Last week Nature published (another) piece about Why it is not a ‘failure’ to leave academia. Now that I am in the outside it feels surreal that this is still an issue, but I am close enough to academia to understand where this comes from. The article has a lot of nice suggestions of how to find your place outside academia, and what supervisor can do to help. But it doesn’t really talk about the actual feeling of failure.
Yes, the struggle is real. There is a general feeling of failure once you leave academia. In my case, after being in academia for 20+ years, I seriously thought that was the only thing I was capable of doing. And most worrying, the only thing I’d love to do. If you go through my blog posts from when I started blogging (2013), I was a postdoc, and almost all my posts were about the struggle of finding an academic position. But as years went by, more and more I feel like this feeling of failure is something that happens mainly in your own head. As @sennoma put it brilliantly on twitter a couple of years ago, it takes a lot of time (and work) to overcome that feeling:
Leaving academia is not easy. It takes a lot of courage to take the leap and jump out there in the open, in the unknown. Because we have been in academia for so long, we are surrounded by other academics, and it is easy to get swamped in feelings that if everyone around you succeeds in academia, you should succeed as well. And if you don’t, you are a failure. It is so easy to think that you’re all alone, and the only person going through those feelings. That’s one of the reasons we created our Recovering Academic Podcast, to help others cope with their feelings about leaving academia
For me, that feeling of failure started to go away as I started to be exposed to other recovering academics, other #NonAcademicScientists, other people with a Ph.D. that succeeded outside academia. Talking to other people that had gone through similar experiences was so valuable! In the beginning, most of my interactions came from Twitter. I had a lot of support from other Ph.D.s that were happy with their decision of leaving academia, but still remember how hard it was for them to actually leave. During my last trip to San Francisco, @lteytelman and I went through a DM we had back in 2014 (!) [published with permission]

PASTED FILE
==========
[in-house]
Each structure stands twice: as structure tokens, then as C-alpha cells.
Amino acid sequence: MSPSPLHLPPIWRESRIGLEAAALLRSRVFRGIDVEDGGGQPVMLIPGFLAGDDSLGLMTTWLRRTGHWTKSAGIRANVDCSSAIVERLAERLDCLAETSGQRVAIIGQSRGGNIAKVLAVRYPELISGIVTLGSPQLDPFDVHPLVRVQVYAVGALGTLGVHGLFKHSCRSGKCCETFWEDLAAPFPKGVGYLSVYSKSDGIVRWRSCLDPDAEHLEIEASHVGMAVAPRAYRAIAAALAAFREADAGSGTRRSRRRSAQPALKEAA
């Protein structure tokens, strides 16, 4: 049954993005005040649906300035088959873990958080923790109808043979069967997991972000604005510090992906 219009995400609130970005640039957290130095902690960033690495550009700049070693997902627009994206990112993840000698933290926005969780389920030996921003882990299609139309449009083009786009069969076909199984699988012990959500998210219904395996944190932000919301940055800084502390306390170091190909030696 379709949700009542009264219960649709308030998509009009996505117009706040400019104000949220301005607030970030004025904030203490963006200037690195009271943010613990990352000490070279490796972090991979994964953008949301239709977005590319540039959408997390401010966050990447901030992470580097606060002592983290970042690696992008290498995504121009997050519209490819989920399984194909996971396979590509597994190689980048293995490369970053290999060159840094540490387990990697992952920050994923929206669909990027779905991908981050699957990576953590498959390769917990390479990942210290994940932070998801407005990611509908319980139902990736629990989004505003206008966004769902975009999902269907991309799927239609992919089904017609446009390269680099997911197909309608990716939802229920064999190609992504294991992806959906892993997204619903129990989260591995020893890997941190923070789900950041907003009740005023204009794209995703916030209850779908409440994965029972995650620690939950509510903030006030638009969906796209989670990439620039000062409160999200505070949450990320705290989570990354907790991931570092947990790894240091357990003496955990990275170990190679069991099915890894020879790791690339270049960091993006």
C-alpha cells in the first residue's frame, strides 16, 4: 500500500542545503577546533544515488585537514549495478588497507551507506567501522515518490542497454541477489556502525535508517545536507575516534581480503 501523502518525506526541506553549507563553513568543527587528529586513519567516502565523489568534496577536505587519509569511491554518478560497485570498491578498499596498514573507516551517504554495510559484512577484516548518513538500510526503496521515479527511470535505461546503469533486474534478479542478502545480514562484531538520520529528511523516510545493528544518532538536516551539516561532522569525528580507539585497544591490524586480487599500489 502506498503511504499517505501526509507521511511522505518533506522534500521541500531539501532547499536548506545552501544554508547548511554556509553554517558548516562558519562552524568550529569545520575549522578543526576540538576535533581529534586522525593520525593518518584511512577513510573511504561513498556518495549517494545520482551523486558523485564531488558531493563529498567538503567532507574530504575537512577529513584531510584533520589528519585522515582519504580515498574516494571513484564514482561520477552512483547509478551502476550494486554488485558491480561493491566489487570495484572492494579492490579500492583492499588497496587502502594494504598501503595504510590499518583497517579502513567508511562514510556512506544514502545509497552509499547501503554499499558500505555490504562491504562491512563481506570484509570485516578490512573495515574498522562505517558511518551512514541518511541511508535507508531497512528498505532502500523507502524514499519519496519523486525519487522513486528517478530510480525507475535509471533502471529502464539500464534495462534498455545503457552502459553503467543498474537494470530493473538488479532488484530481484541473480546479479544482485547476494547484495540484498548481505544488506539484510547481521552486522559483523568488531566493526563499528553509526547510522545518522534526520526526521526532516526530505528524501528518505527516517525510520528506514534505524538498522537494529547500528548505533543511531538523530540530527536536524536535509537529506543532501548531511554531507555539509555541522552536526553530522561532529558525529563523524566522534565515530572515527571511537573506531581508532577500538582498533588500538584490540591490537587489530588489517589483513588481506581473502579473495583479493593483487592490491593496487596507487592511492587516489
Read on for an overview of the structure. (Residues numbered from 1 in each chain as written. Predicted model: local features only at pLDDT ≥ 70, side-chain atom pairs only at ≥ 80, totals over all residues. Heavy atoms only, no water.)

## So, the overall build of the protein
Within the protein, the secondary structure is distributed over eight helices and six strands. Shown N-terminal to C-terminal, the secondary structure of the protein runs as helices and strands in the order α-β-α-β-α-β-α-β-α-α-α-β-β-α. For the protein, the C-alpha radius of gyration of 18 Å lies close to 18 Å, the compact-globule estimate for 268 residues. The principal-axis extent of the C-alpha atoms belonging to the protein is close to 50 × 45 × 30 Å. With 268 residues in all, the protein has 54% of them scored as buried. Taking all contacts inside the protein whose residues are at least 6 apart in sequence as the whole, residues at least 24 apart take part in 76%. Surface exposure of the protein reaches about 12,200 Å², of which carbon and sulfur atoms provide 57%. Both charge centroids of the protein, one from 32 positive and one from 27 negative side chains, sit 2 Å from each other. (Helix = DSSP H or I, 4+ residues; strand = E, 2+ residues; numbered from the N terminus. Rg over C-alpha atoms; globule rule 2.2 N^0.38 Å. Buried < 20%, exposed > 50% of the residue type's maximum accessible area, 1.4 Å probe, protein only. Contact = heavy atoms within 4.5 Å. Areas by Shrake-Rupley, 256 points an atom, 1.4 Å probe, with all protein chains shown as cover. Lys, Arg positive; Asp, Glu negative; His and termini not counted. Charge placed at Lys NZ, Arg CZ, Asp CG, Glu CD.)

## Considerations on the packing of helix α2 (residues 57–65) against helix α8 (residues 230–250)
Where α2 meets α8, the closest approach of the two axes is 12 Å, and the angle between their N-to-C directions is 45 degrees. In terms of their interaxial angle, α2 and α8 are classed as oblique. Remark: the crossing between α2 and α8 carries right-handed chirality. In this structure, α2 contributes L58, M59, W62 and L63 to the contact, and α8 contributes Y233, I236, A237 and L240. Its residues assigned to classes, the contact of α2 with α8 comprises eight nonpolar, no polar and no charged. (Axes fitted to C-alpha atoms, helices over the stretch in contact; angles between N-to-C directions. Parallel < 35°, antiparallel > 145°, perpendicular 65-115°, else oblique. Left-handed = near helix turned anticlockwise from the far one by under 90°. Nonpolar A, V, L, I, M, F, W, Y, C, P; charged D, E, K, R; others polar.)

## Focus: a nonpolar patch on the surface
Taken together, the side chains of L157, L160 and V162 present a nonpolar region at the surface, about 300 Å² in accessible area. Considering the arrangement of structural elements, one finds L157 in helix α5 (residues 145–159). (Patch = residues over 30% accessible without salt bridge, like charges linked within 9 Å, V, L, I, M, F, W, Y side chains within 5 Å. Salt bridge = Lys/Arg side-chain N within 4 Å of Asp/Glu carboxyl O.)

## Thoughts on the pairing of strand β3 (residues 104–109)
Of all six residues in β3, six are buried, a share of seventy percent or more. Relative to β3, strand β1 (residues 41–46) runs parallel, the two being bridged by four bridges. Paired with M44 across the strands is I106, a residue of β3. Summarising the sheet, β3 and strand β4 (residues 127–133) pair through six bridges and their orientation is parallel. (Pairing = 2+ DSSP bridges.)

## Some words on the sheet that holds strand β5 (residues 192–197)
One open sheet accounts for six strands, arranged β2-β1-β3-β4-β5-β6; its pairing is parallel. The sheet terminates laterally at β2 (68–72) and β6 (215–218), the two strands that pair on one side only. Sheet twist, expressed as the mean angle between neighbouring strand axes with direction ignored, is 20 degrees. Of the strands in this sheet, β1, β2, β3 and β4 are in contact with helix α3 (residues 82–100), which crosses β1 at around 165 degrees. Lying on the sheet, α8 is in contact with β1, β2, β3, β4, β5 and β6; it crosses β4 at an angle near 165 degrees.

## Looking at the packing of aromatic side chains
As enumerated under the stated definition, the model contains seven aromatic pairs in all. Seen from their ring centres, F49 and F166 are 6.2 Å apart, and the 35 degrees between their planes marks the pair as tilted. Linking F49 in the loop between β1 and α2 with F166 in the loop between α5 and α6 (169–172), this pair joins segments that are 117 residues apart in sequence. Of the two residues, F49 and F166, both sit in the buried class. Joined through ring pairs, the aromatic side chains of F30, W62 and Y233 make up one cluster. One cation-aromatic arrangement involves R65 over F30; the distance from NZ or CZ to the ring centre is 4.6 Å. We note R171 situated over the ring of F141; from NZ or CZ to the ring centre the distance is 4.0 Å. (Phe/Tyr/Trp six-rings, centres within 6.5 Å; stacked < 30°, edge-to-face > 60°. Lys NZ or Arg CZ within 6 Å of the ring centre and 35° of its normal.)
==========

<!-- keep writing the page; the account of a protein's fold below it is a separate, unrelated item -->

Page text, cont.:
And he was absolutely right! I left academia about one year after that conversation. I’ve got my first job outside academia on July 2015. Life changes, and slowly you start to realize that academia is not the only way to be happy. Today, it’s been 3 years and a half since I left academia, and I am more certain than ever that this was the best decision I could have taken. I admire those who continue in academia, but the more time passes, the more I feel like this was not the life I wanted for me. I feel like now I have a much healthier work-life balance, and also, a much better salary 🙂
Of course, you may still feel pressure/disappointment from family, colleagues, and mainly from your supervisor when you decide to leave. But the more you are certain you are taking the best decision, the more they will understand and support you. So stay strong, reach out to your network, and don’t forget: there’s sunshine outside the ivory tower!